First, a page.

• Shortly thereafter Mr. Lithgoe returned to full time duties.
  • On September 30, 2021, Mr. Lithgoe was working his assignment at Training Services section.
  • Some LACFD officials who believed they were familiar with Mr. Lithgoe’s medical history erroneously believed Mr. Lithgoe was having a seizure due to a false perception of behavior, but he was not having a seizure.
  • Due to that erroneous belief about PLAINTIFF by LACFD officials, on October 1, 2021, PLAINTIFF was placed on Ordered Absence status by his superiors at LACFD due to the perception of having a “seizure” the previous day. Mr. Lithgoe did not have a seizure the previous day.
  • Subsequent medical evaluation confirmed that Mr. Lithgoe did not have a seizure at any time around September 30, 2021.
  • The assignment to “Ordered Absence” on October 1, 2021 resulted in loss of compensation and overtime opportunities for PLAINTIFF.
  • On November 2, 2021, PLAINTIFF underwent a “fitness for duty examination” conducted by Dr. K. Adam Anees on behalf of Defendant COUNTY.
  • In a meeting on March 24, 2022, PLAINTIFF was informed that as a result of the Fitness for Duty Evaluation conducted by Dr. Anees, the COUNTY and LACFD believed PLAINTIFF was disabled.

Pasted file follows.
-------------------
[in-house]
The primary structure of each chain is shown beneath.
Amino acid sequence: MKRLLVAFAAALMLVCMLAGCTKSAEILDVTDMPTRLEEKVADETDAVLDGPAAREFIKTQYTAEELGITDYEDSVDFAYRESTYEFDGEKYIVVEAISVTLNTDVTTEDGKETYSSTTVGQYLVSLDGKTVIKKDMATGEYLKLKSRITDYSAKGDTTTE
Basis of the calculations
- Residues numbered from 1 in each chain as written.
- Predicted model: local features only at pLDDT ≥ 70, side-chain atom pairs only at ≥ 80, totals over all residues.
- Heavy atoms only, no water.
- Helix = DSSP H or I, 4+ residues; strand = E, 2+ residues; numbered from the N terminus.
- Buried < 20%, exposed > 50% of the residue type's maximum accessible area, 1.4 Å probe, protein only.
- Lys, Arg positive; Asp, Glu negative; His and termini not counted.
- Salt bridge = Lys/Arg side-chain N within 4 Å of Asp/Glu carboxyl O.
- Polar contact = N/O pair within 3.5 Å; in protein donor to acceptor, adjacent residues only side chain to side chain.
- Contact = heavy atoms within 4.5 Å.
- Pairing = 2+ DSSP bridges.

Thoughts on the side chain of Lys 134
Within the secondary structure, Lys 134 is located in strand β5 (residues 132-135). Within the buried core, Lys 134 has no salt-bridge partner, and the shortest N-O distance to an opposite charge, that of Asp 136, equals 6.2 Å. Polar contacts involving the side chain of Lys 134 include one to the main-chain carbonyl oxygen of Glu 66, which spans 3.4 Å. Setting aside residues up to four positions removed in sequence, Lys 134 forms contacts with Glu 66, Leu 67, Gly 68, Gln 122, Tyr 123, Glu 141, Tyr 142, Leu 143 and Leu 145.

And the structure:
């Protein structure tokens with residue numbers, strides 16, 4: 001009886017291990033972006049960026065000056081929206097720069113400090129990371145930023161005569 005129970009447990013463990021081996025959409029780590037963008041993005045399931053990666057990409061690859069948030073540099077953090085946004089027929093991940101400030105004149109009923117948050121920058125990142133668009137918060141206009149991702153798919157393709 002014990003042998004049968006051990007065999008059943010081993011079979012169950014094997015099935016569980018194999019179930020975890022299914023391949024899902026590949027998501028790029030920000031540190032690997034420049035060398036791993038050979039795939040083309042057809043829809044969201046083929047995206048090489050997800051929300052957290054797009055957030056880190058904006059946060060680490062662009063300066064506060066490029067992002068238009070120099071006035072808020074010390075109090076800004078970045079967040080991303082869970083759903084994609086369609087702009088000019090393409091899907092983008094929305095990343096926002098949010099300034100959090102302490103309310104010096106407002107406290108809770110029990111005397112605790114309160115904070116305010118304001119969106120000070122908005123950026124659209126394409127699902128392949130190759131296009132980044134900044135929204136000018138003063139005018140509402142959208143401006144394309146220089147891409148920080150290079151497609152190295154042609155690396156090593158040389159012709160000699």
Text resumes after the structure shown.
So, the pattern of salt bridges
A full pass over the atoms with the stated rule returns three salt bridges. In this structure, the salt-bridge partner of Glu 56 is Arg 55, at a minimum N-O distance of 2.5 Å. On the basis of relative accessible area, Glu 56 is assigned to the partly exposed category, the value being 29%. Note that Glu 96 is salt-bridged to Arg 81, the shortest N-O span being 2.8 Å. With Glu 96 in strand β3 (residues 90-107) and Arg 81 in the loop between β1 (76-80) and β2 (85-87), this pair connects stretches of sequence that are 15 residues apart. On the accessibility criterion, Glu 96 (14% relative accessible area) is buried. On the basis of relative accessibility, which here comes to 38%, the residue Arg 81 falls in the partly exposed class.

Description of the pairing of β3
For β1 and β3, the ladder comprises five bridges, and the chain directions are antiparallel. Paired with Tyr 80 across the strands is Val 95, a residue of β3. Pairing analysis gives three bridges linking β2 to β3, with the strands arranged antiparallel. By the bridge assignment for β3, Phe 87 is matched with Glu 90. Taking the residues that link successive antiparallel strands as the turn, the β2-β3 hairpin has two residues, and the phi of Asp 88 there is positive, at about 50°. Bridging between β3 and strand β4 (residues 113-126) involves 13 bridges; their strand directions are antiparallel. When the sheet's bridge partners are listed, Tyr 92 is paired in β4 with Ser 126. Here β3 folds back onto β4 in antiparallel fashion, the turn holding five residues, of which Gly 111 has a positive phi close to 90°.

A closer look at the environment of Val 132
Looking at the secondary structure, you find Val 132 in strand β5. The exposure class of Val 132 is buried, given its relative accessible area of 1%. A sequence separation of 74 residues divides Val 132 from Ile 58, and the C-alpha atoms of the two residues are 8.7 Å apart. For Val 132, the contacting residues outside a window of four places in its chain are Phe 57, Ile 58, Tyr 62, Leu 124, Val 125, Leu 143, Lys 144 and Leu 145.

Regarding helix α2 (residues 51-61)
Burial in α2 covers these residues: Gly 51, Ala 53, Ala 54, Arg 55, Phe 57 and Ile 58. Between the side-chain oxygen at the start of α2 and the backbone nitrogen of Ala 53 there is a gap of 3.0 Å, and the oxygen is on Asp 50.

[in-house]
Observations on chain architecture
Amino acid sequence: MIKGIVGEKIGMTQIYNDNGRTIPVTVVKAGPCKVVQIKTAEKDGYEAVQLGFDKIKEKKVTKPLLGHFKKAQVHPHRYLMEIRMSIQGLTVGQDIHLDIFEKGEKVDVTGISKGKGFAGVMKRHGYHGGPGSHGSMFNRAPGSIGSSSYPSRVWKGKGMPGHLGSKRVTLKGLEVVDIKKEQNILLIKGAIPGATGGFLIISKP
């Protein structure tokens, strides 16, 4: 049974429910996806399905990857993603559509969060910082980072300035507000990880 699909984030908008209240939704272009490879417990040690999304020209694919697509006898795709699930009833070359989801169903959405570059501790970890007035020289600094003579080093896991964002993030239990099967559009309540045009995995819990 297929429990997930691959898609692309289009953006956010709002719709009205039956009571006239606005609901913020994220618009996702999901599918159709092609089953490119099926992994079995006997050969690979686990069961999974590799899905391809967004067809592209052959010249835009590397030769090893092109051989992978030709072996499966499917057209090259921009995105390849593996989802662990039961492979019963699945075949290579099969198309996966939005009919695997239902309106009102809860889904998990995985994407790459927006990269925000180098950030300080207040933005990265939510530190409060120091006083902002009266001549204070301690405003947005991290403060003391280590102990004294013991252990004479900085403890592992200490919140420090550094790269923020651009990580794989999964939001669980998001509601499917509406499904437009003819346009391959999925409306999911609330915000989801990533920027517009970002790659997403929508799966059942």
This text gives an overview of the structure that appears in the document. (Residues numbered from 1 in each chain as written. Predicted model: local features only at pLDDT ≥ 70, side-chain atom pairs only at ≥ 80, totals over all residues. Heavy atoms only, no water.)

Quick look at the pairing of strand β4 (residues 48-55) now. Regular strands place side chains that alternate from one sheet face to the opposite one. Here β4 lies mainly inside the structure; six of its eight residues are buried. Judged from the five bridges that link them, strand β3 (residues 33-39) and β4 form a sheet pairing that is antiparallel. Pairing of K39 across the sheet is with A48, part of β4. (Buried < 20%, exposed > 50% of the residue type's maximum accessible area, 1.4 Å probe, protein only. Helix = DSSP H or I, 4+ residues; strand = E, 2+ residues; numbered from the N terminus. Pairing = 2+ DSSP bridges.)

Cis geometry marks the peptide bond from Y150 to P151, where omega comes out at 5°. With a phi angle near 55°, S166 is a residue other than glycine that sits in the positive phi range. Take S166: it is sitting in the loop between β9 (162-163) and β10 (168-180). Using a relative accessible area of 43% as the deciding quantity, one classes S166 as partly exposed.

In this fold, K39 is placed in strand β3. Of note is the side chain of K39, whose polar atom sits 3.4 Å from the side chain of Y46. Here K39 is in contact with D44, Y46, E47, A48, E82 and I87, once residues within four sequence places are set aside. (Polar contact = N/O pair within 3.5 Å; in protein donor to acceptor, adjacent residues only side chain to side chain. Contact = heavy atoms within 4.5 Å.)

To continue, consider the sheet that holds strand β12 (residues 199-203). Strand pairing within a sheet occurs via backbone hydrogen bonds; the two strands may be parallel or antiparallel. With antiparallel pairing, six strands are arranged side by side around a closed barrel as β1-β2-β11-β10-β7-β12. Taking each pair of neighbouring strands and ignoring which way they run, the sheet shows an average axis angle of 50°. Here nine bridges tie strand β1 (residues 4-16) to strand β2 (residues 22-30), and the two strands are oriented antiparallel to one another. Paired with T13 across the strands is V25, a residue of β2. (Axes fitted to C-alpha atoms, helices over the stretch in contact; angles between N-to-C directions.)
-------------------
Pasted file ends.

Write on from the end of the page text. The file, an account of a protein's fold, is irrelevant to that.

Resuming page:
• Dr. Anees restricted PLAINTIFF, as follows: “On duty for a maximum of 12 hours and then must be off duty for 8 hours. His off-duty time is to be at home/outside of County facilities.”
  • In the March 24, 2022 meeting, Mr. Lithgoe was told by Rachel Lara, Manager of Risk Management for LACFD, that based on the work restrictions found by Dr. Anees, the Department was “unable to accommodate” the perceived disability.
  • PLAINTIFF’s counsel asked Ms. Lara why the restrictions imposed by Dr. Anees could not be accommodated and was told that firefighters work 24-hour shifts, and the department does not have 12-hour shifts.
  • Mr. Lithgoe was then told that effective Friday, March 25, 2022, he would no longer be on Ordered Absence, and would have to begin using his own benefit time.